1 Samuel 16, 6-12
Something to read
When they came, he looked on Eliab and thought, "Surely the Lord's anointed is now before the Lord."
But the Lord said to Samuel, "Do not look on his appearance or on the height of his stature, because I have rejected him; for the Lord does not see as mortals see; they look on the outward appearance, but the Lord looks on the heart."
Then Jesse called Abinadab, and made him pass before Samuel. He said, "Neither has the Lord chosen this one."
Then Jesse made Shammah pass by. And he said, "Neither has the Lord chosen this one."
Jesse made seven of his sons pass before Samuel, and Samuel said to Jesse, "The Lord has not chosen any of these."
Samuel said to Jesse, "Are all your sons here?" And he said, "There remains yet the youngest, but he is keeping the sheep." And Samuel said to Jesse, "Send and bring him; for we will not sit down until he comes here."
He sent and brought him in. Now he was ruddy, and had beautiful eyes, and was handsome. The Lord said, "Rise and anoint him; for this is the one."
New Revised Standard Version
Something to think about
Samuel comes to Bethlehem and there is introduced to the sons of Jesse. One can imagine the sense of anticipation amongst the family as Samuel passes along the line and reviews the sons for their suitability to be the future king.
But perhaps their anticipation turns to incredulity as Samuel passes along the line, rejecting the oldest son – the tall and handsome one – and calls for the youngest to be fetched, the one who is outside looking after the sheep.
Saul seems to have come from a wealthy family; David does not. Later in the chapter we will see him unable to afford a dowry for the king's daughter. Yahweh clearly directs Samuel not to make the same mistake that was made with Saul, and points him to one who is unnoticed by the world to lead Israel forward.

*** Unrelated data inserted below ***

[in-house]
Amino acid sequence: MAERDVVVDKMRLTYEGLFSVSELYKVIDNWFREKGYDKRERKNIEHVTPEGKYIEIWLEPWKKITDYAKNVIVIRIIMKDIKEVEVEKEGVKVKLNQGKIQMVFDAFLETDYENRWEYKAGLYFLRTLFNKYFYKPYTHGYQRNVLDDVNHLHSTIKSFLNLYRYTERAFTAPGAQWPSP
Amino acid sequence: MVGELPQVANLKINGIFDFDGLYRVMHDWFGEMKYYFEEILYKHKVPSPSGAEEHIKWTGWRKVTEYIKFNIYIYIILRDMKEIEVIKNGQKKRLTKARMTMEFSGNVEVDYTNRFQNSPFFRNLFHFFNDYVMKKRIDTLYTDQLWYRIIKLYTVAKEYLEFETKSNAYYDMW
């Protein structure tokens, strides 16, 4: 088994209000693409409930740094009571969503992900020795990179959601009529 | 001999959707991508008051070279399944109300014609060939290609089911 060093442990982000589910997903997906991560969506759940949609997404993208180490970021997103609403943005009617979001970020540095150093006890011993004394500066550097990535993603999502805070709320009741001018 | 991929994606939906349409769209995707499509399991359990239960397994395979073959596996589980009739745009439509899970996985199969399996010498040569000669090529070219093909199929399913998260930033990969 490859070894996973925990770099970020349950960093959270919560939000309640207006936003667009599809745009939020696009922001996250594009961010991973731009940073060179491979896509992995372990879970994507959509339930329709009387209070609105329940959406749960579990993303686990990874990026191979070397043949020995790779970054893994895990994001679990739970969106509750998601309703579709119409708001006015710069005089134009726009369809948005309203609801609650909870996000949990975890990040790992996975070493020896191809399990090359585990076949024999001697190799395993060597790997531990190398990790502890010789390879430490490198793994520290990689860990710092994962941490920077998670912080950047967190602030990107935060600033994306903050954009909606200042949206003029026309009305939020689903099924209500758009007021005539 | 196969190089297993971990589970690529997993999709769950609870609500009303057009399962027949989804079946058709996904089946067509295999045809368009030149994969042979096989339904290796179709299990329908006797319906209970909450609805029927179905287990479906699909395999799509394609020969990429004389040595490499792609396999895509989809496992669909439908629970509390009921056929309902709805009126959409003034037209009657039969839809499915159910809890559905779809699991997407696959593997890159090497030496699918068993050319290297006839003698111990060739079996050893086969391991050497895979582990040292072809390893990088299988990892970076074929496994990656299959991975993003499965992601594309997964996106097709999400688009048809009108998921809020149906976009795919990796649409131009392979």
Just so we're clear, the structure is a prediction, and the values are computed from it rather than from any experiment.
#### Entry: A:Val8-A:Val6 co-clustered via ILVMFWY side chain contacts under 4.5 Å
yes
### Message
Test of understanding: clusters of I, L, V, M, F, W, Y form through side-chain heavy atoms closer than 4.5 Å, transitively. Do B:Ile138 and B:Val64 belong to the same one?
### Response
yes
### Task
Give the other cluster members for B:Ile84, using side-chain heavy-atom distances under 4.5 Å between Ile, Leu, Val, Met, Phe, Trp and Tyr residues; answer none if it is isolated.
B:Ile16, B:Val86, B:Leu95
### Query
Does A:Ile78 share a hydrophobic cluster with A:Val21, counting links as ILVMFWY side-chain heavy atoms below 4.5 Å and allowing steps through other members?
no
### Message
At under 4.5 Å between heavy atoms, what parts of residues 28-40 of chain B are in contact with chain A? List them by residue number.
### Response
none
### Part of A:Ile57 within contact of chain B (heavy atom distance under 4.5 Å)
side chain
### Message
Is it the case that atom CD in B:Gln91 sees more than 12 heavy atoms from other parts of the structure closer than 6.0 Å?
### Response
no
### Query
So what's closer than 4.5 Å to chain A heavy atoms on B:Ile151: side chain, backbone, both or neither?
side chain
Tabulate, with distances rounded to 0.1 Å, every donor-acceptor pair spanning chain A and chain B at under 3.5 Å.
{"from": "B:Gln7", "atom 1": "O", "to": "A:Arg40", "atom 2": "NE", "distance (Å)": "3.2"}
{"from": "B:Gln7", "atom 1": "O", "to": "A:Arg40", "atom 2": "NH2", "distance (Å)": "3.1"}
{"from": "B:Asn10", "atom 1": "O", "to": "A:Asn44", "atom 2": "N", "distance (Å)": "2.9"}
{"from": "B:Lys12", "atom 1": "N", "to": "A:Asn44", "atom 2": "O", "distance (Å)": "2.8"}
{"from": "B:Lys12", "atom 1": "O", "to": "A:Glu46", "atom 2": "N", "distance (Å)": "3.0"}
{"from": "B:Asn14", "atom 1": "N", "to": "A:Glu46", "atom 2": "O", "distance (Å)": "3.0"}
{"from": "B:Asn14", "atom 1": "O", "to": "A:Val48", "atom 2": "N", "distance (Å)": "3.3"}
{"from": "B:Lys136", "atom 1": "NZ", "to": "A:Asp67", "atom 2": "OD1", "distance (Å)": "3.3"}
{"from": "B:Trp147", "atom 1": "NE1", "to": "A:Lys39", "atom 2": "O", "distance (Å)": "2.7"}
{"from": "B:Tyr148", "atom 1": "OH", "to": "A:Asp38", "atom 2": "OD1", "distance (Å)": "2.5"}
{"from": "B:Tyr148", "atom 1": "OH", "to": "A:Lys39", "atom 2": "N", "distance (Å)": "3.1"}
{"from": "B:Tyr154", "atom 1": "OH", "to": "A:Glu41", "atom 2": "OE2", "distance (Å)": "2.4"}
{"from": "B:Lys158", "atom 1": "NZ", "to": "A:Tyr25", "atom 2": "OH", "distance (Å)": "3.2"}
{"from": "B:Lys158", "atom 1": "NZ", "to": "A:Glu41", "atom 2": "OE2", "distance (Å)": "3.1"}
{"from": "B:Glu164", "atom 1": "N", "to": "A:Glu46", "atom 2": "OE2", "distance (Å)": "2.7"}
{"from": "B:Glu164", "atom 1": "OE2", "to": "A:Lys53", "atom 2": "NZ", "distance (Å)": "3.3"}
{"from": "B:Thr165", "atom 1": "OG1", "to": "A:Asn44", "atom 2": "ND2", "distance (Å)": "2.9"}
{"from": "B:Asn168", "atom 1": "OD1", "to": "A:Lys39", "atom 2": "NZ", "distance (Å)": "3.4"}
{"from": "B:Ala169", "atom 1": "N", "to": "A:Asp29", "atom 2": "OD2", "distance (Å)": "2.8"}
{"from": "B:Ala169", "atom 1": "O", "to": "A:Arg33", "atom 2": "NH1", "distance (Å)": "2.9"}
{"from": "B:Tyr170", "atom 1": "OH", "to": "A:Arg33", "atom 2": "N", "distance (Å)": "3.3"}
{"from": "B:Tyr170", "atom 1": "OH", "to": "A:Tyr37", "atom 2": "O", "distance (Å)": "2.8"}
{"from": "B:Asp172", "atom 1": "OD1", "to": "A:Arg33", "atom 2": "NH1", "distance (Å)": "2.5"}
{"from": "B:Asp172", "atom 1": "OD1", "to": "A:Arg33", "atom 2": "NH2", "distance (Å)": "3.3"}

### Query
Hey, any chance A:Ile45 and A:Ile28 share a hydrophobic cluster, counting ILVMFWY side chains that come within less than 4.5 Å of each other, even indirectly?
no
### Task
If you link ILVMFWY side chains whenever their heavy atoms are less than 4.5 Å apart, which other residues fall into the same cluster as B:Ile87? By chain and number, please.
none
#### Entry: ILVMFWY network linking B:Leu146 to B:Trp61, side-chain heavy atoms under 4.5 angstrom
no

This points clearly forward to the New Testament, to 'God [choosing] what is foolish in the world to shame the wise…what is weak in the world to shame the strong.' (1 Cor 26:27)
Christian Aid works to empower people and communities who go unnoticed by the world today, people who are marginalised by factors such as gender, caste, race or HIV status. We do this because we believe in the possibility of transformation.
And while we believe that our partners can deliver very real transformation for poor communities, perhaps the most dramatic transformation can come in ourselves. Scripture is clear that it is in the company of the lowly, the weak, the marginalised that we will discover the presence of God and God's work can be done.
Something to do
God's purposes can be worked out through some unlikely people and unlikely encounters. Think about someone who has revealed something of God to you. This needn't be anything dramatic – perhaps an unexpected act of kindness, or a smile, or a word of compassion. Give thanks for this person and pray to be open to recognising God's work when you are least expecting it.
Something to pray
Subversive God, open our hearts and minds as we seek you; help us to stand alongside all marginalised people and learn from them your purposes for the world.
Today's contributor is Kate Tuckett, former Church Resources Manager for Christian Aid, now Curate at Holy Trinity, South Wimbledon